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I've recently come across this statement.

那你可以在宾馆洗. "Then you can wash them (clothes) at the hotel."

I'd like to say,

"Can you wash your clothes at the hotel?"

But I can't figure out the placement of the noun clothes. Could someone translate "Can you wash your clothes at the hotel?" for me?

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Sounds weird. If you are the one asking, shouldn't it be "can I" instead of "can you"? –  Question Overflow Oct 16 '12 at 13:18
    
Is it the case that you have seen that sentence and now you'd like to know where the noun should go if you want to add "clothes" to that sentence? –  Olle Linge Oct 16 '12 at 15:52
    
Are you using 'you' to colloquially refer to the generic third person (as in 'can one wash one's clothes at the hotel?') or are you using it literally to refer to the second person? –  deutschZuid Oct 17 '12 at 1:34

1 Answer 1

To translate directly:

"Can you wash your clothes at the hotel?"

你可以在宾馆洗你的衣服(clothes)吗?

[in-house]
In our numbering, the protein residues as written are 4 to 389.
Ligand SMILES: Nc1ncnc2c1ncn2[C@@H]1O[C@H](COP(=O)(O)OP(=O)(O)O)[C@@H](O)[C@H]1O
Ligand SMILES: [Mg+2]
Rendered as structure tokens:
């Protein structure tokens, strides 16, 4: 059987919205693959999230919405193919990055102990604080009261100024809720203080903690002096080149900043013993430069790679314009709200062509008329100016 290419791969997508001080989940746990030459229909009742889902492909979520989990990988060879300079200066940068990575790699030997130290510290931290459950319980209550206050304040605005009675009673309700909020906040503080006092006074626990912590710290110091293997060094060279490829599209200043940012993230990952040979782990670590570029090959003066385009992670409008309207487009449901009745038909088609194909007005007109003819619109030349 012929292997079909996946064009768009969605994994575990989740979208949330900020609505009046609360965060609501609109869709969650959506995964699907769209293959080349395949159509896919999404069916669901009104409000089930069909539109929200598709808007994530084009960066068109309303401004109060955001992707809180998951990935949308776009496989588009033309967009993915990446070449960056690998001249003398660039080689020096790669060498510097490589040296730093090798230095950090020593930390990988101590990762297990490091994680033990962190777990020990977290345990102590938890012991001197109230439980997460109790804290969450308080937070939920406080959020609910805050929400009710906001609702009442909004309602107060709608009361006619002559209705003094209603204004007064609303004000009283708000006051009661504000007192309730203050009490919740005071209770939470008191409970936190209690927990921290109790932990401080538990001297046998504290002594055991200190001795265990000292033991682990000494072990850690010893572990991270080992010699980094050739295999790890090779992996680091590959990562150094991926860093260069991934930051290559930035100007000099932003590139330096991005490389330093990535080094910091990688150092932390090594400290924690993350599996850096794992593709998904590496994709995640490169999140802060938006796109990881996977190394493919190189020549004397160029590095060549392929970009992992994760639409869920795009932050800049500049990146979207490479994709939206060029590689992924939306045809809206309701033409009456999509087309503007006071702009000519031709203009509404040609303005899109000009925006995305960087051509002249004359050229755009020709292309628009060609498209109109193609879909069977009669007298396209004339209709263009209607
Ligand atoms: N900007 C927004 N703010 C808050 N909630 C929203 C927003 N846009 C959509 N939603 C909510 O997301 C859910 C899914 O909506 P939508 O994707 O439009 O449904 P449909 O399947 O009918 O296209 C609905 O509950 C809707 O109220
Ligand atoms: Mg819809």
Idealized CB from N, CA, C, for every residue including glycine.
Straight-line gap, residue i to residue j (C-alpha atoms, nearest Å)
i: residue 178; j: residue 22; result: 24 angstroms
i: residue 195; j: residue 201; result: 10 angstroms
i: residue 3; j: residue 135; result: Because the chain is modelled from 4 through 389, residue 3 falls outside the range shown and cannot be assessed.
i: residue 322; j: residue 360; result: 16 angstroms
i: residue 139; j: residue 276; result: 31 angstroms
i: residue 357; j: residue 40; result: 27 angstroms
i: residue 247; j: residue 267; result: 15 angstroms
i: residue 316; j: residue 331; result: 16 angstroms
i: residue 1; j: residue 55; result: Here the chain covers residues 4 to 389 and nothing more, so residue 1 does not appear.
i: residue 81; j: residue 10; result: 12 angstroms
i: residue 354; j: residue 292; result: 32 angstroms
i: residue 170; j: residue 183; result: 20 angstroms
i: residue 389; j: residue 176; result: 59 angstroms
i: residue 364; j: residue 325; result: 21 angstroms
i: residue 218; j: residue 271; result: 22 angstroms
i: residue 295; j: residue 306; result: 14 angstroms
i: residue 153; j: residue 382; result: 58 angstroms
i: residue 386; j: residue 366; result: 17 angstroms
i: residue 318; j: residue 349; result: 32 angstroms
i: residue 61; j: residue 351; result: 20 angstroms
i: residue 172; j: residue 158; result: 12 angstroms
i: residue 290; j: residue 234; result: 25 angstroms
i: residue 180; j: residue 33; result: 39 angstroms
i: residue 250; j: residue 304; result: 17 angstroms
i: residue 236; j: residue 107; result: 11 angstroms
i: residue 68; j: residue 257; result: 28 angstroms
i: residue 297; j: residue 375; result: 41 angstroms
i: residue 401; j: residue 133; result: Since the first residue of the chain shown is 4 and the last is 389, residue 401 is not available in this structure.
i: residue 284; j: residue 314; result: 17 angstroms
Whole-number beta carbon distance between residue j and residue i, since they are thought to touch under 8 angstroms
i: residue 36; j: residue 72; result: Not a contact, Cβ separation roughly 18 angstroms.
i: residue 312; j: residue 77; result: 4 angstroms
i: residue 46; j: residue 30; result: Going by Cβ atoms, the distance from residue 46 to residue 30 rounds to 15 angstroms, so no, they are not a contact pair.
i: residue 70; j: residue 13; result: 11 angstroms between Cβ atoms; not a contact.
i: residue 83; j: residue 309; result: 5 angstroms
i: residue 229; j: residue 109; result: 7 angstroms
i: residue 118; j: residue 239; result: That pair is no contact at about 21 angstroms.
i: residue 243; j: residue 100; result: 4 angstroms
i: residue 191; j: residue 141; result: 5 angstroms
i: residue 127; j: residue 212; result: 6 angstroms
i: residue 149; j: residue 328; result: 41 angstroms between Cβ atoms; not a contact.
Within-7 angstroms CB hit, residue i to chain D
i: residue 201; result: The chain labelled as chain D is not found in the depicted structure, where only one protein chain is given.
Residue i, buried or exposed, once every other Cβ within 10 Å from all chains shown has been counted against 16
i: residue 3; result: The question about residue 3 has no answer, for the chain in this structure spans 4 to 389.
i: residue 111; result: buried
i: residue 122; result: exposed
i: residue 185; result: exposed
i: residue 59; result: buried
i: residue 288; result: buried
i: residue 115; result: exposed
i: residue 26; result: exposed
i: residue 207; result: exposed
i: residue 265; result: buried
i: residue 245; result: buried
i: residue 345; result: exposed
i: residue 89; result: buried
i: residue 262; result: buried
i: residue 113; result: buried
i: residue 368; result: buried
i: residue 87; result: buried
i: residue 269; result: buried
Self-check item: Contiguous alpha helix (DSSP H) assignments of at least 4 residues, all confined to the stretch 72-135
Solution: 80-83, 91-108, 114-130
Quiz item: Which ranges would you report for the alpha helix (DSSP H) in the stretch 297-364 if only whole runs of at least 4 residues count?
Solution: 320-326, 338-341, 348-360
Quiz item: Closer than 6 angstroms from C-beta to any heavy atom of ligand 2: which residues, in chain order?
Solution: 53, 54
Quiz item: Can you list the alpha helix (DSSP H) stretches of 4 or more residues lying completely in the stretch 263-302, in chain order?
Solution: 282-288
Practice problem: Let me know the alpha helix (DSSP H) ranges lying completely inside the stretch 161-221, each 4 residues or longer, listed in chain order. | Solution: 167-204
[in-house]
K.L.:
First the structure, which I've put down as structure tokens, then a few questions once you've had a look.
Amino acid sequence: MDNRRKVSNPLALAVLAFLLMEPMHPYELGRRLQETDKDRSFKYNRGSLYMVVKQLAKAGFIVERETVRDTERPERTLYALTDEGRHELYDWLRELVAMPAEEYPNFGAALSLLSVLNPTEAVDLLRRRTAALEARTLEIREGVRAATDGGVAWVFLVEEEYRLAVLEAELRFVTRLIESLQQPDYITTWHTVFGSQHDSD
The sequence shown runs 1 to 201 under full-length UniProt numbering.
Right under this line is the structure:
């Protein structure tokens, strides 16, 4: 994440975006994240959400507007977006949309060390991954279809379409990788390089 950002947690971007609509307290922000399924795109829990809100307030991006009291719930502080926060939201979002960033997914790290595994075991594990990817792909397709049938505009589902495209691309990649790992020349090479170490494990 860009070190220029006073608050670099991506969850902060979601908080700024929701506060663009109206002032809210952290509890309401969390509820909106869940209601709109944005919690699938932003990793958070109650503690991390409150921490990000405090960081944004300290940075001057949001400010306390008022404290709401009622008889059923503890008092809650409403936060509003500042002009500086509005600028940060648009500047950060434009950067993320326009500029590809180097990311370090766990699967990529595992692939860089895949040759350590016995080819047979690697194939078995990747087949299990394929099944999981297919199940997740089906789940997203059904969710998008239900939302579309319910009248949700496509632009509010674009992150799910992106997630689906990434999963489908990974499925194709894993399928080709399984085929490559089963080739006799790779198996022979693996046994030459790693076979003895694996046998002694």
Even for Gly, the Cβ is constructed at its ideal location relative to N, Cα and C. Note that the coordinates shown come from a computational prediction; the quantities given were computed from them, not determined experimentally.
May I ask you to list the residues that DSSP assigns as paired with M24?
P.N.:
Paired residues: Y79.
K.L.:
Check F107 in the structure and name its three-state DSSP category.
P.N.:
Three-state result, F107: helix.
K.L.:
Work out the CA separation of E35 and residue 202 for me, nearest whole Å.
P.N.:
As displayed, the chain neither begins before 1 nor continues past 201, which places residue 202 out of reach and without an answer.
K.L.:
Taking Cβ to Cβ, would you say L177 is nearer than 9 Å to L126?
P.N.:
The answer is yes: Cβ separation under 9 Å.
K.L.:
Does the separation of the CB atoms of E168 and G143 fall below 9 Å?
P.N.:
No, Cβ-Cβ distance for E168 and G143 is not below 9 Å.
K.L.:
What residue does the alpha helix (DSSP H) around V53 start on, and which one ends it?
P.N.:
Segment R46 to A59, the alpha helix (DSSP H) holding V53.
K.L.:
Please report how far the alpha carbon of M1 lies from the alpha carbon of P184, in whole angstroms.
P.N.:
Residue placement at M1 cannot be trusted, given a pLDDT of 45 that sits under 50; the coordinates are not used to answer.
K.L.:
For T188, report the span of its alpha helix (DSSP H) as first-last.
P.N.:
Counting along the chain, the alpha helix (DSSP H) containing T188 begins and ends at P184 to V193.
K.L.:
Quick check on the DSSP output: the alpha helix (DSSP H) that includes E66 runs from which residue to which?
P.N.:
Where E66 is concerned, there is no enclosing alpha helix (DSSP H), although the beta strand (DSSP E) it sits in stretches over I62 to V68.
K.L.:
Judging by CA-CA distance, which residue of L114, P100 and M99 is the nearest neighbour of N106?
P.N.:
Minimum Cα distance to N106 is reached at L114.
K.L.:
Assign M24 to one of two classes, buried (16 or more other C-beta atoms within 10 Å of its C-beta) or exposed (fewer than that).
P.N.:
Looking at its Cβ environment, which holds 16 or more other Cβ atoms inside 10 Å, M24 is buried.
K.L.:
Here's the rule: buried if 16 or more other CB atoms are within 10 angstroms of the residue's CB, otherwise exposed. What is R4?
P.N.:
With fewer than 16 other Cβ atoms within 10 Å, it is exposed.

Not sure if it is really what you want. But if you are asking the hotel staff whether they help you wash your clothes, then it should be:

"Do you provide laundry service?"

你有提供洗衣服务(service)吗?

The basic order of a Chinese sentence is usually in the form of subject-verb-object arrangement. From the two sentences above, 你 is the subject, 洗 and 提供 are the verbs, 衣服 and 洗衣服务 are the objects. Please refer to this article for more examples on the Chinese grammar.

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2  
I suspect the OP is using 'you' to refer to the generic third person, not the second person. So I would say generically: '在这宾馆里可以洗衣服吗?'. Your second suggestion is probably what I would say and is a good alternative to the first. –  deutschZuid Oct 17 '12 at 1:37
    
@JamesJiao, yes, I think the first one is quite ambiguous, because it could be mistaken to mean washing clothes DIY. –  Question Overflow Oct 17 '12 at 6:55

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